Atypical white matter volume development in children following craniospinal irradiation

Wilburn E. Reddick, John O. Glass, Shawna L. Palmer, Shingjie Wu, Amar Gajjar, James W. Langston, Larry E. Kun, Xiaoping Xiong, Raymond K. Mulhern

Research output: Contribution to journalArticlepeer-review

84 Scopus citations

Abstract

Most children with medulloblastoma (MB), the second most common pediatric brain tumor, have a 70% probability of survival. However, survivors who receive aggressive therapy are at significant risk of cognitive deficits that have been associated with lower volumes of normal-appearing white matter (NAWM). We hypothesized that cranial irradiation inhibited normal brain volume development in these survivors. We retrospectively analyzed 324 MRI studies of 52 patients with histologically proven MB treated with surgery and 35 to 40 Gy craniospinal irradiation, with or without chemotherapy. The volume of NAWM and that of cerebrospinal fluid were quantified from a single index section and compared with those of healthy, age-similar control subjects. A quadratic random coefficient model was used to identify trends in brain volume with increasing age. Patients treated for MB at younger ages demonstrated substantially less development of NAWM volume than did their healthy peers. Younger age at the time of irradiation and the need for a ventricular shunt were significantly associated with reduced NAWM volume. NAWM and craniospinal fluid volume differences between patients who had shunts and those without resolved over a period of four to five years. NAWM volume is known to be associated with neurocognitive test performance, which shows deficiencies after cranial irradiation early in life. Therefore, volumetric monitoring of brain development can be used to guide the care of survivors, assess the toxicity of previous and current clinical trials, and aid in the design of therapies that minimize toxicity.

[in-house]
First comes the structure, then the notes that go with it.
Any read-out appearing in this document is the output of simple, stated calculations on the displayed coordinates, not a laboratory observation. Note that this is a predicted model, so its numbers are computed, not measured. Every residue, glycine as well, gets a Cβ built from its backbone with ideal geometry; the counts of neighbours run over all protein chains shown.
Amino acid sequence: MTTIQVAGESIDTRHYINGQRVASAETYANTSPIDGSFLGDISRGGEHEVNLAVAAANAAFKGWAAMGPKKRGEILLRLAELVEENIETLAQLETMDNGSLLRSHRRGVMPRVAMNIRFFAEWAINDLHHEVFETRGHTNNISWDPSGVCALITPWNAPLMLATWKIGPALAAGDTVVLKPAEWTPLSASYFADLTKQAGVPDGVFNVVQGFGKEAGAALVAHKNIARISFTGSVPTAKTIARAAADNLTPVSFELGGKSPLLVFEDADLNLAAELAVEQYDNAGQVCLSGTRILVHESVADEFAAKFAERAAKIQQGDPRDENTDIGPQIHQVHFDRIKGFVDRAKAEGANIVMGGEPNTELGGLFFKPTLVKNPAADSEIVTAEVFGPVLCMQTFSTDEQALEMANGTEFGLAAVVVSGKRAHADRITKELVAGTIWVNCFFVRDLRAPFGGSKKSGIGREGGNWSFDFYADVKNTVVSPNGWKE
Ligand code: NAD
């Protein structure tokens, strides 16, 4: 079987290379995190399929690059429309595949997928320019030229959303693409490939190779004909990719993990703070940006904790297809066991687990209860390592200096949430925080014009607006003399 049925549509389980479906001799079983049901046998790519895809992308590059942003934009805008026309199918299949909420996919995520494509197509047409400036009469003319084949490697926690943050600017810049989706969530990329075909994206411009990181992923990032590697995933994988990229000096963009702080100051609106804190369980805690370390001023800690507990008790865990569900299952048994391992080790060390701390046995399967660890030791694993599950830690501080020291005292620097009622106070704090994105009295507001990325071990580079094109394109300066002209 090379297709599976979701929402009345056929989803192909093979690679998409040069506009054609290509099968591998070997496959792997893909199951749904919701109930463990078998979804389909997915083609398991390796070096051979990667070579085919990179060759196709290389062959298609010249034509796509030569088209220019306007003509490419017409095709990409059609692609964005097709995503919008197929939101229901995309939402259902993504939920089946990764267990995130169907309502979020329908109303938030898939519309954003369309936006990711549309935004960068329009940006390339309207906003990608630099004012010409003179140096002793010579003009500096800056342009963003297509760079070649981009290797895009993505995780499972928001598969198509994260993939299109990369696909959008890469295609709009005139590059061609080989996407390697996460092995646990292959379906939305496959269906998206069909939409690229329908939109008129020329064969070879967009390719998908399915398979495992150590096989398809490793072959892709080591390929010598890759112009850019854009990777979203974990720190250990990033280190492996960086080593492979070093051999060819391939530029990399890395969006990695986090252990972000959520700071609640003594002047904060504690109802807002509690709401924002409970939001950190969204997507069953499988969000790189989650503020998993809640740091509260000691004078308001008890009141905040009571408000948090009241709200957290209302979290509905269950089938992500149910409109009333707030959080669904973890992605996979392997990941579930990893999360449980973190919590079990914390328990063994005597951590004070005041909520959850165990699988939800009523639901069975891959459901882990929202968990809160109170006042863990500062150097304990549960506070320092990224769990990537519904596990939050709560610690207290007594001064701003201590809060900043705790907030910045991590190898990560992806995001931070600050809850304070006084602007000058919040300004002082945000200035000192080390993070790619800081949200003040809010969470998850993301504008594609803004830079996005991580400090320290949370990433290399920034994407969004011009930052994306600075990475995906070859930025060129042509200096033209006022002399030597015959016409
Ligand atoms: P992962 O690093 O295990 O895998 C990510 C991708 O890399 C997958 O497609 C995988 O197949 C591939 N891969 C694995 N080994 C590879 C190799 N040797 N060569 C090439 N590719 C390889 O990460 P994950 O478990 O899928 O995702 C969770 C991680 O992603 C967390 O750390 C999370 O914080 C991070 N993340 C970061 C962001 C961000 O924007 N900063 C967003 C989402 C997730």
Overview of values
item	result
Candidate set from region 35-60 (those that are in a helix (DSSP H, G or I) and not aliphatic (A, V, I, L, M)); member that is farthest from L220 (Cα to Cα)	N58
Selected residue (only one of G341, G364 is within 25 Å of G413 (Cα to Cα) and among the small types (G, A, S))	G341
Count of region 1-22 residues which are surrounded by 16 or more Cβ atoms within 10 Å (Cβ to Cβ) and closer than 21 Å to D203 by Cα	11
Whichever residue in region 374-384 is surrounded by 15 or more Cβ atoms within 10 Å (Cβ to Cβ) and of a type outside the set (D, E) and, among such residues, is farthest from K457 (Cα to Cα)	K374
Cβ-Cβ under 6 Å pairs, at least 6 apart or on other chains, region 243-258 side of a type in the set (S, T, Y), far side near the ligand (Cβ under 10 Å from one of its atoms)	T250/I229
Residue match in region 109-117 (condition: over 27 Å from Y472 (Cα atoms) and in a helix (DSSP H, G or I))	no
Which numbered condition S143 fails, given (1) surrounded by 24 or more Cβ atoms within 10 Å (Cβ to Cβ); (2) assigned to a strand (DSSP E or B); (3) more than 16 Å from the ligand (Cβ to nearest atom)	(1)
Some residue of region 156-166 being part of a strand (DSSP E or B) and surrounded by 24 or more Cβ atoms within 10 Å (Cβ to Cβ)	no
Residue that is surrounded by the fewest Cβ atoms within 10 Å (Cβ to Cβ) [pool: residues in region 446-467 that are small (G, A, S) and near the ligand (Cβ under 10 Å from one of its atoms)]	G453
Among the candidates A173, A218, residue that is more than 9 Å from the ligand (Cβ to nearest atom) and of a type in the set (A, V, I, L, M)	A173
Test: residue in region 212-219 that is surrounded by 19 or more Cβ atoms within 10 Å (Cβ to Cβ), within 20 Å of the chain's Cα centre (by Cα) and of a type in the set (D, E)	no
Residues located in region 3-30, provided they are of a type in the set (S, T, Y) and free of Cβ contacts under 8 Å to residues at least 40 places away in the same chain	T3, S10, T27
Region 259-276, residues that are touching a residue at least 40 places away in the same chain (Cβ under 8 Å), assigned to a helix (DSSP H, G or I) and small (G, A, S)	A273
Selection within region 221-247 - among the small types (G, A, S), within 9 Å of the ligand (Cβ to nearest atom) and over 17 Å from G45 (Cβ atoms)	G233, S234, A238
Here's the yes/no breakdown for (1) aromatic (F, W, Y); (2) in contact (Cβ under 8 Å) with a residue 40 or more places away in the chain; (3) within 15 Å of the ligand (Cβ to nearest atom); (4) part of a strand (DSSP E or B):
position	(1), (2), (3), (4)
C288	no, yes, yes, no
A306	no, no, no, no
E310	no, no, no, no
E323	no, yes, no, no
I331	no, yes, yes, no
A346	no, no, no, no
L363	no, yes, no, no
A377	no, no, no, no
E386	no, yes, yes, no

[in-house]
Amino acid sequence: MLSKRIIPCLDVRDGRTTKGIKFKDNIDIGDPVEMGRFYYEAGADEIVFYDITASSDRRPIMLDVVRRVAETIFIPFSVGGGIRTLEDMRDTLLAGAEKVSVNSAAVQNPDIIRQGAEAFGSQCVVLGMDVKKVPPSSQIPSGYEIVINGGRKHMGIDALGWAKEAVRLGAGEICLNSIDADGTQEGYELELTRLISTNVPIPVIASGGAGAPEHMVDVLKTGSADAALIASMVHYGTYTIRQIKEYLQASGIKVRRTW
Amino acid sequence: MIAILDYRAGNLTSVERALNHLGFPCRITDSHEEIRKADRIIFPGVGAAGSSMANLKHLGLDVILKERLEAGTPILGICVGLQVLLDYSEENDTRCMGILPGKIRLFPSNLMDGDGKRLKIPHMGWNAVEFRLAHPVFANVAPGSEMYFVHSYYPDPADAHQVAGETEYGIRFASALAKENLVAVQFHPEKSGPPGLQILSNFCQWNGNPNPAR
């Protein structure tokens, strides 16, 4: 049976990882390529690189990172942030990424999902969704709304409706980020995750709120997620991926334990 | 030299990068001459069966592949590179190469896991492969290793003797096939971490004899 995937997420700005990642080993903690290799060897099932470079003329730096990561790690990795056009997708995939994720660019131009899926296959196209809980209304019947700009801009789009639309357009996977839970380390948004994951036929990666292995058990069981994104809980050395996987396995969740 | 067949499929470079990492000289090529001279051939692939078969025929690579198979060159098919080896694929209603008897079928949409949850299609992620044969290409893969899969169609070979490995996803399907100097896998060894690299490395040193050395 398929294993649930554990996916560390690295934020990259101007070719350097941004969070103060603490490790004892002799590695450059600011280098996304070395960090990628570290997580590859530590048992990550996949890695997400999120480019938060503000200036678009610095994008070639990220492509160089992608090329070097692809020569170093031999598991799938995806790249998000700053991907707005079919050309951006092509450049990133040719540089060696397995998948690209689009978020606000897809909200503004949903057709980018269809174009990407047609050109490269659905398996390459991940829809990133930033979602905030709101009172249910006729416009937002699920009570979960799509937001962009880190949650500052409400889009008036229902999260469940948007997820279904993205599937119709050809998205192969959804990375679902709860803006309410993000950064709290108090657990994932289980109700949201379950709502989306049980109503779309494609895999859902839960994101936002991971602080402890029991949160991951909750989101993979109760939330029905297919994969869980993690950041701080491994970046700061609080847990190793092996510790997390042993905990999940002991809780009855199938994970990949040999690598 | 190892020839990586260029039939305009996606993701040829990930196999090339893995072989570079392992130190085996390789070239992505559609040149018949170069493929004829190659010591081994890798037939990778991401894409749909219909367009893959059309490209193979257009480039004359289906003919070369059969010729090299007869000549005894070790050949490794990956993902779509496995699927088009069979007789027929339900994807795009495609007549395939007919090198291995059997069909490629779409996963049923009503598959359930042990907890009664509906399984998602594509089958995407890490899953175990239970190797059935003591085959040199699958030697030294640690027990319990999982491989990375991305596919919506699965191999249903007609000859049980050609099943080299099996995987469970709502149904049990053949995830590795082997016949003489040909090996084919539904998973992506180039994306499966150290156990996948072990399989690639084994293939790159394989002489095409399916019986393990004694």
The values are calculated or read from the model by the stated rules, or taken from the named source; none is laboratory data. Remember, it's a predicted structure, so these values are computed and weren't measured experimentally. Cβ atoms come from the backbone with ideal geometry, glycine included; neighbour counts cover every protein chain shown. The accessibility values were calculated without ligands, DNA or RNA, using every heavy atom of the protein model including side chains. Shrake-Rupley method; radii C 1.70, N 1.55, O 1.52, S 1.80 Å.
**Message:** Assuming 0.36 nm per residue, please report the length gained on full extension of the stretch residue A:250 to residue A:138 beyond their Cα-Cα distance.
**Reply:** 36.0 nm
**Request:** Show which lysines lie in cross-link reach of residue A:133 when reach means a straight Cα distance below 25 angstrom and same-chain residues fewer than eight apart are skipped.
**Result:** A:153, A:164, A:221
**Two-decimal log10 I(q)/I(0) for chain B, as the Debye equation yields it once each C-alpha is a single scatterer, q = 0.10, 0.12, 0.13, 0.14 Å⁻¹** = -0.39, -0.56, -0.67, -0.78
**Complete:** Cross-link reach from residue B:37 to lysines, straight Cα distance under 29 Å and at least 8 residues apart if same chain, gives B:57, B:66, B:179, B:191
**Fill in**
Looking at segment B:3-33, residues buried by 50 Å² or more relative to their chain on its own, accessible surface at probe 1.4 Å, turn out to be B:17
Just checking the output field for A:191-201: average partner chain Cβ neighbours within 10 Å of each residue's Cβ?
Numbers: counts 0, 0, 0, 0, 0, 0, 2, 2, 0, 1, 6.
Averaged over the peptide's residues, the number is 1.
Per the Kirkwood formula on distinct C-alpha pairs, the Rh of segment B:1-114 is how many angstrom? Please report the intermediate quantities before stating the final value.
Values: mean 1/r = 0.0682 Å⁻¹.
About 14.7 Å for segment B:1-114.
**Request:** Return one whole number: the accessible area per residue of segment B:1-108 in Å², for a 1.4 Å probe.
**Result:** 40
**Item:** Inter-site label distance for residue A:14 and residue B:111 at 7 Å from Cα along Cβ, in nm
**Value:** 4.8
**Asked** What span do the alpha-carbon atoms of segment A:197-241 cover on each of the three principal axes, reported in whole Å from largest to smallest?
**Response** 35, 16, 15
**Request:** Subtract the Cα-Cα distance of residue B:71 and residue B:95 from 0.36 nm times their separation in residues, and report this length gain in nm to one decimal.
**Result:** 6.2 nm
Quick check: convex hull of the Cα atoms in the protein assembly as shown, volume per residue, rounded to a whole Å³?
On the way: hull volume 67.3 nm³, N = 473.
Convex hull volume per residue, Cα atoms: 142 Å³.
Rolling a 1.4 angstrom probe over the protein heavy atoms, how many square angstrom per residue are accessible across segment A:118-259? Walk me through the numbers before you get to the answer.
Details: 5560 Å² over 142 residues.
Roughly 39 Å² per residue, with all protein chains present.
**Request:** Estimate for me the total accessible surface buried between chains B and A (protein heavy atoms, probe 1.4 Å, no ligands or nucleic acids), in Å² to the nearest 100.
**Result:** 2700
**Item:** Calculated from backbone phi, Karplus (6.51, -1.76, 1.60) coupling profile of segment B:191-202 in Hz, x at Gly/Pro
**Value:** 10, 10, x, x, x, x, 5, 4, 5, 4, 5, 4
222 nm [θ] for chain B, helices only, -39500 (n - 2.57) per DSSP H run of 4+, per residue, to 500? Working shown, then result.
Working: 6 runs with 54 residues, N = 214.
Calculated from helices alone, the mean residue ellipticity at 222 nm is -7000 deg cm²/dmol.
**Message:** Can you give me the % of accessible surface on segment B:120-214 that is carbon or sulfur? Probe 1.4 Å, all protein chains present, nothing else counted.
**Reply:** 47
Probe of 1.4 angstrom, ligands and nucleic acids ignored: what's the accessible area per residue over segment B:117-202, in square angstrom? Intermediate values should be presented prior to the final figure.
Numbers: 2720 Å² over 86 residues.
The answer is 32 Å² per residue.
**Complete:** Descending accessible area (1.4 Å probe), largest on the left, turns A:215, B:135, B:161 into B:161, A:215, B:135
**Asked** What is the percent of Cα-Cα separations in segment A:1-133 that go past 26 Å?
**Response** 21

Original languageEnglish (US)
Pages (from-to)12-19
Number of pages8
JournalNeuro-oncology
Volume7
Issue number1
DOIs
StatePublished - Jan 2005

ASJC Scopus subject areas

  • Oncology
  • Clinical Neurology
  • Cancer Research

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